Physical connection

I think I’ve made clear here in previous writings about the arrangement of my work facilities. My office is a converted summer house that stands in the garden of our home – and, on a sunny day like this, with a view out of the window of the plants that are starting to do spring things, it isn’t a bad place to be.

I hook up to the Webternet via an 802.11b/g wireless connection. The router sits near┬áthe phone socket which is in the conservatory, roughly 25 feet from the Global Headquarters. As I’ve mentioned before, the signal sometimes degrades (we have evil cordless phones, microwave oven and wireless doorbell in the house – all of which could be causing interference) and occasionally drops completely, particularly during wet weather (the summer house is of timber construction and, in spite of a water-repellant coating, the boards do get wet). I’ve added an external antenna to the router so that it is in an elevated position (dangling attractively from a light fitting) which has helped but not solved the problem.

I’m getting a bit fed up with the signal dropping out or degrading – it only ever seems to happen at the most inconvenient moment (when I’m using Skype or printing a big document – such is life), so I’m considering a physical connection between the router and the Global Headquarters. I don’t think it would be too difficult to run a cable from there to here – I can take it through the cat flap housing to get into the conservatory, route it around the edges of the decking so that it isn’t a trip hazard and easily make a small hole in the wall of the HQ to get it into here without using the same duct as the power supply cable.

The question is this: what sort of cable should I use? I’m not an expert on this sort of thing. I’ve seen standard Cat5 cable and also cable rated for outdoor use. I’ve also seen fibre-optic cable. Will these cables resist being in an environment exposed to sun, wind and rain? Can these cables be easily routed (there may be a few 90┬░ turns)? How easy is it to put the connectors on the end of these cables?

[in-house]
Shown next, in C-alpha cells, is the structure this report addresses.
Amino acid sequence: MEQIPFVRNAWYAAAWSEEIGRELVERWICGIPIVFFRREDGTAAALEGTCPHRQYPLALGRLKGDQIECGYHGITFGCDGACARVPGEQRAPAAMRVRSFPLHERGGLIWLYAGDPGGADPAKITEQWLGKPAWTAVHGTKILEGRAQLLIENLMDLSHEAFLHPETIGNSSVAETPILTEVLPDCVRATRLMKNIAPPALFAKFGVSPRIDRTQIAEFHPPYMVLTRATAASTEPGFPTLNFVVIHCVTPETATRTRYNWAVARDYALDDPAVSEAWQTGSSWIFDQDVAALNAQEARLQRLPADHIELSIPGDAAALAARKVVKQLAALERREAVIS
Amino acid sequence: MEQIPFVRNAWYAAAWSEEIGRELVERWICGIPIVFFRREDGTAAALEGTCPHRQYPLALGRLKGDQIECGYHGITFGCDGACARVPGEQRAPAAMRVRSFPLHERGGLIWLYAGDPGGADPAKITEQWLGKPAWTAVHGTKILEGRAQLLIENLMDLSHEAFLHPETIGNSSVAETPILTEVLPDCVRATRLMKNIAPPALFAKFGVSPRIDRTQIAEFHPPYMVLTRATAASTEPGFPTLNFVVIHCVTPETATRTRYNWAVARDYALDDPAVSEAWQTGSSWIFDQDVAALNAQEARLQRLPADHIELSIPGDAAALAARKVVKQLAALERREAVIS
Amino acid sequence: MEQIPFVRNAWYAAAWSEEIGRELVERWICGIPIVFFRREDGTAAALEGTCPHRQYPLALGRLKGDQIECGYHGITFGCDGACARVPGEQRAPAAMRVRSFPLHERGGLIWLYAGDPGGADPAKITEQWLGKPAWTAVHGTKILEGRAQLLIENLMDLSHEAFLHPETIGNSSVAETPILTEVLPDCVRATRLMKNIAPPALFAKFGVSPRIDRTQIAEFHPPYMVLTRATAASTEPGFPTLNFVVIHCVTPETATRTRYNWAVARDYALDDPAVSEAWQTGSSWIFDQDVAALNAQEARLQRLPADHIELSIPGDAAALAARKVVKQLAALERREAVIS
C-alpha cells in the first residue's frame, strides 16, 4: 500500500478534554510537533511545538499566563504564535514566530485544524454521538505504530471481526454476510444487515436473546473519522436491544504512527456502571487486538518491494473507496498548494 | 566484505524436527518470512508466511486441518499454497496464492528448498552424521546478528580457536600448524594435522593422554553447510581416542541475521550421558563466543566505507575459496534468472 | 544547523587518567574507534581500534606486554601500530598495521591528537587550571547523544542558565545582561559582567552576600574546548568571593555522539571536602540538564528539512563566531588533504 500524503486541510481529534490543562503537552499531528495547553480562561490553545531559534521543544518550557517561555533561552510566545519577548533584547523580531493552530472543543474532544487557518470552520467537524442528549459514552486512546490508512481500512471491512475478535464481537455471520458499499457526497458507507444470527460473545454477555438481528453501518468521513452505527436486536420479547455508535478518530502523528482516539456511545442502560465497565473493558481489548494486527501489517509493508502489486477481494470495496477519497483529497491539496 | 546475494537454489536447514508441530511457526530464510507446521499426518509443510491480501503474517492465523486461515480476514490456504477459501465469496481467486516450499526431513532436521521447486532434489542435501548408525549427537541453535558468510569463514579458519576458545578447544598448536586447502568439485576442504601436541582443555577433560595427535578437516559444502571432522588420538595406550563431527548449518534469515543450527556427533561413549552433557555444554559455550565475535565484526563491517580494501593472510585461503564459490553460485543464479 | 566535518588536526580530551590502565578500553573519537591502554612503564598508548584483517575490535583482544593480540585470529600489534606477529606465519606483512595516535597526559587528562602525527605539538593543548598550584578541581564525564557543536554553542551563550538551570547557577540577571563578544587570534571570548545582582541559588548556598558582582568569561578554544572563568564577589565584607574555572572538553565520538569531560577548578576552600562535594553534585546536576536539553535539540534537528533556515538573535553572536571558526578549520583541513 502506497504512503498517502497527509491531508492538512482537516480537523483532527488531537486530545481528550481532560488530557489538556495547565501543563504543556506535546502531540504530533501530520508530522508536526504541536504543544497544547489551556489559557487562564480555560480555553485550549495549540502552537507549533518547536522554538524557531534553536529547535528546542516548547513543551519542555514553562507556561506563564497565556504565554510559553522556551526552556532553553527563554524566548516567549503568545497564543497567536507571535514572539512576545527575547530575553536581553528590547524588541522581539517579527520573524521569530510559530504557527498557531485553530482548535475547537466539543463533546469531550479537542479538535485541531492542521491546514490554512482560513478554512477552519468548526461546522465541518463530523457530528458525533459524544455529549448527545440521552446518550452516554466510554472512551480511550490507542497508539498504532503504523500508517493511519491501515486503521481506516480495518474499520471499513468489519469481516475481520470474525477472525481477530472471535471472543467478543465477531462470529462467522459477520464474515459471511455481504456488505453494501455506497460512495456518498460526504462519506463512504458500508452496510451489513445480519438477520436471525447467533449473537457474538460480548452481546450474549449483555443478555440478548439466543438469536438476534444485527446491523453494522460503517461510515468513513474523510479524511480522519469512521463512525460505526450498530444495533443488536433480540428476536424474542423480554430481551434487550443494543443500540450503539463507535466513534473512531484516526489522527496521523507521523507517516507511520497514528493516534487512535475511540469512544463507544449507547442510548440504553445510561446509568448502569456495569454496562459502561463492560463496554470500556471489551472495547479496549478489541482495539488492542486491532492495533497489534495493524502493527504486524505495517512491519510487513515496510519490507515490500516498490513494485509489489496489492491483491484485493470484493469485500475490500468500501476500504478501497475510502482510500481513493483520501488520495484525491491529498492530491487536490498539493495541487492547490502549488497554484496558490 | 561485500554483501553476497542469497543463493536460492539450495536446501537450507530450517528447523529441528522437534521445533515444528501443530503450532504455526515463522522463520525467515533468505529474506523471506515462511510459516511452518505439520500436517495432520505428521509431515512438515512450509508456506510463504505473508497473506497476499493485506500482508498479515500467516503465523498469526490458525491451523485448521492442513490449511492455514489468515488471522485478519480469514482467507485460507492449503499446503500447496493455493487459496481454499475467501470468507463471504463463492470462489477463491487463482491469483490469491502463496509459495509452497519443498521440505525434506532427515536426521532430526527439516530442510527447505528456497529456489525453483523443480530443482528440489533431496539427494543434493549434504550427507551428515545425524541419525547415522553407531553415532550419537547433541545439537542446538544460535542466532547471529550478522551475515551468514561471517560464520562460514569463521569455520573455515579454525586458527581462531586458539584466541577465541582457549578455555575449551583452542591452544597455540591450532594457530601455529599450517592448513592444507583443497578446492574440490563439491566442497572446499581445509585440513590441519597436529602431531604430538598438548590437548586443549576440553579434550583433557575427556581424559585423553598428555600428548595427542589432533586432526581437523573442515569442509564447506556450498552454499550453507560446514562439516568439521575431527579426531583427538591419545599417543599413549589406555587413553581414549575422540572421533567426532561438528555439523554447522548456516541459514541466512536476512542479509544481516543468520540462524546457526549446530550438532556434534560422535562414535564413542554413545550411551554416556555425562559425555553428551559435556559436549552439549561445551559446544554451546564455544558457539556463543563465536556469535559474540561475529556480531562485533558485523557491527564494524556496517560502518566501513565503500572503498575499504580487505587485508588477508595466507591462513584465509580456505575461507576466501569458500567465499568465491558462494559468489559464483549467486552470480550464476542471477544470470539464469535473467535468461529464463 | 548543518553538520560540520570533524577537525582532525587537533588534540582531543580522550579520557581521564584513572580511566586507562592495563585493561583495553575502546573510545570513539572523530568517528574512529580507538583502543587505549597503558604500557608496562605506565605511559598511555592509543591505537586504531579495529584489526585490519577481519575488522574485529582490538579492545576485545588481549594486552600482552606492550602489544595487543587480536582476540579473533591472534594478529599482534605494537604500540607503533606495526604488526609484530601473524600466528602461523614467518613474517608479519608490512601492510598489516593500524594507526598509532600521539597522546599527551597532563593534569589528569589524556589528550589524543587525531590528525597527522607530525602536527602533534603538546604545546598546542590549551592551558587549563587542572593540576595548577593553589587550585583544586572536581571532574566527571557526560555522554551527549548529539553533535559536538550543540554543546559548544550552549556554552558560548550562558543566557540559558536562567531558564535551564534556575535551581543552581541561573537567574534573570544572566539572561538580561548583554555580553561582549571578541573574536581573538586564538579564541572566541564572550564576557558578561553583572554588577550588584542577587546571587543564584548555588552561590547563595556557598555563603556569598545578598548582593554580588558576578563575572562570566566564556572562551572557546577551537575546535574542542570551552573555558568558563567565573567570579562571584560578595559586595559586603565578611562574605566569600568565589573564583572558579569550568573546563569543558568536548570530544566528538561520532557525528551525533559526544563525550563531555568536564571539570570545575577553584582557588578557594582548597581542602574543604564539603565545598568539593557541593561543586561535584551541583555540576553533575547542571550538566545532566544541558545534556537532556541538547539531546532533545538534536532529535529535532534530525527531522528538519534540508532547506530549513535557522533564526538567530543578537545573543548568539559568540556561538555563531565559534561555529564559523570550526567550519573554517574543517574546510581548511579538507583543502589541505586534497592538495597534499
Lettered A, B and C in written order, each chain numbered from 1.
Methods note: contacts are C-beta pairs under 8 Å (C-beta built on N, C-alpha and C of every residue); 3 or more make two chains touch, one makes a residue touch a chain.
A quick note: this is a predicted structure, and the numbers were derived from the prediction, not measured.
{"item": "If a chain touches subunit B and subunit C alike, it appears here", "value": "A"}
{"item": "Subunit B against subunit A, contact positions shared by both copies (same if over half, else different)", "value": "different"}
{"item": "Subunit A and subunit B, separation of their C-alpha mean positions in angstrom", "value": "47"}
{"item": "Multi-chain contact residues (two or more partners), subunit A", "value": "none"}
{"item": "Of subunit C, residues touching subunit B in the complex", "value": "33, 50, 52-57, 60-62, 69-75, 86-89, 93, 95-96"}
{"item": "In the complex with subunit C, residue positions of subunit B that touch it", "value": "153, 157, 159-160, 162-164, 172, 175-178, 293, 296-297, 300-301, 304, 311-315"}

Anybody got any experience of this sort of thing? Or should I just look at further uprating my wireless network?

5 Replies to “Physical connection”

  1. I wrote a longer answer, but it failed to post and was lost, so here’s the executive summary:

    Forget wireless and fibre. Go to Maplin and buy a few metres of CC26D flexible conduit, put within it standard cat-5 cable, and terminate each end in a box and a socket outlet. Maximum distance 100m (this figure includes any patch cables at either end.

    Have fun !

  2. I forgot to add – you’ll need no special tools other than what you’d use to put in a telephone extension . Just make sure that you get the colours of the cable right – there are 8 and they need keeping strictly in their pairs e.g. the wire colour coded orangewhite* on the patch cable goes to the same colour on the extension, and to the same colour on the patch cable at the other end. This page explains it quite well –

    The rule of thumb for going round corners is that the radius of the bend shouldn’t be (much) less than ten times the radius of the cable being bent. This is a general rule, and works for most copper cable types.

    *the convention is that the background colour of the wire is named first, folowed by the colour of the stripe.

  3. My colleague has these installed between shed and house and after a firmware upgrade (as is always the case), it works very well. No digging, fiddling or general frustration. You’ll need to read the distructions carefully as i seem to remember both plugs need to be on the same circuit.

  4. hellooo Tark! (readers should note that Tark could probably have walked the 50 yards between our houses and told me this in person)

    I hadn’t seen that product before. My office and the home are on separate mains rings, so I’m wondering if these things would work for us as the signal would have to go back through the distribution board (or "consumer unit" to use modern parlance).

    I’m also wondering if they are legal. My father used to work for the electricity board before he retired (and still calls it "The Board" even though it’s been a plc for years) and remembers the in-house intercom thingies that were all the rage around 25 years ago that worked on a similar system of modulating the AC frequency. They were actually illegal at the time, so I’m not sure if they are ok now, although I know that Scottish Power were looking at introducing a broadband network in highland Scotland that used similar technology over the national grid, thereby giving high speed broadband to any crofter who had a power supply – so I guess the law may have changed.

    Anyway, I’ll ask him about the separate ring issue, although I’m sure that we had the intwercom devices on separate rings years and years ago (cue: wobbly screen hazy memory scenes of youthful japes with intercoms).

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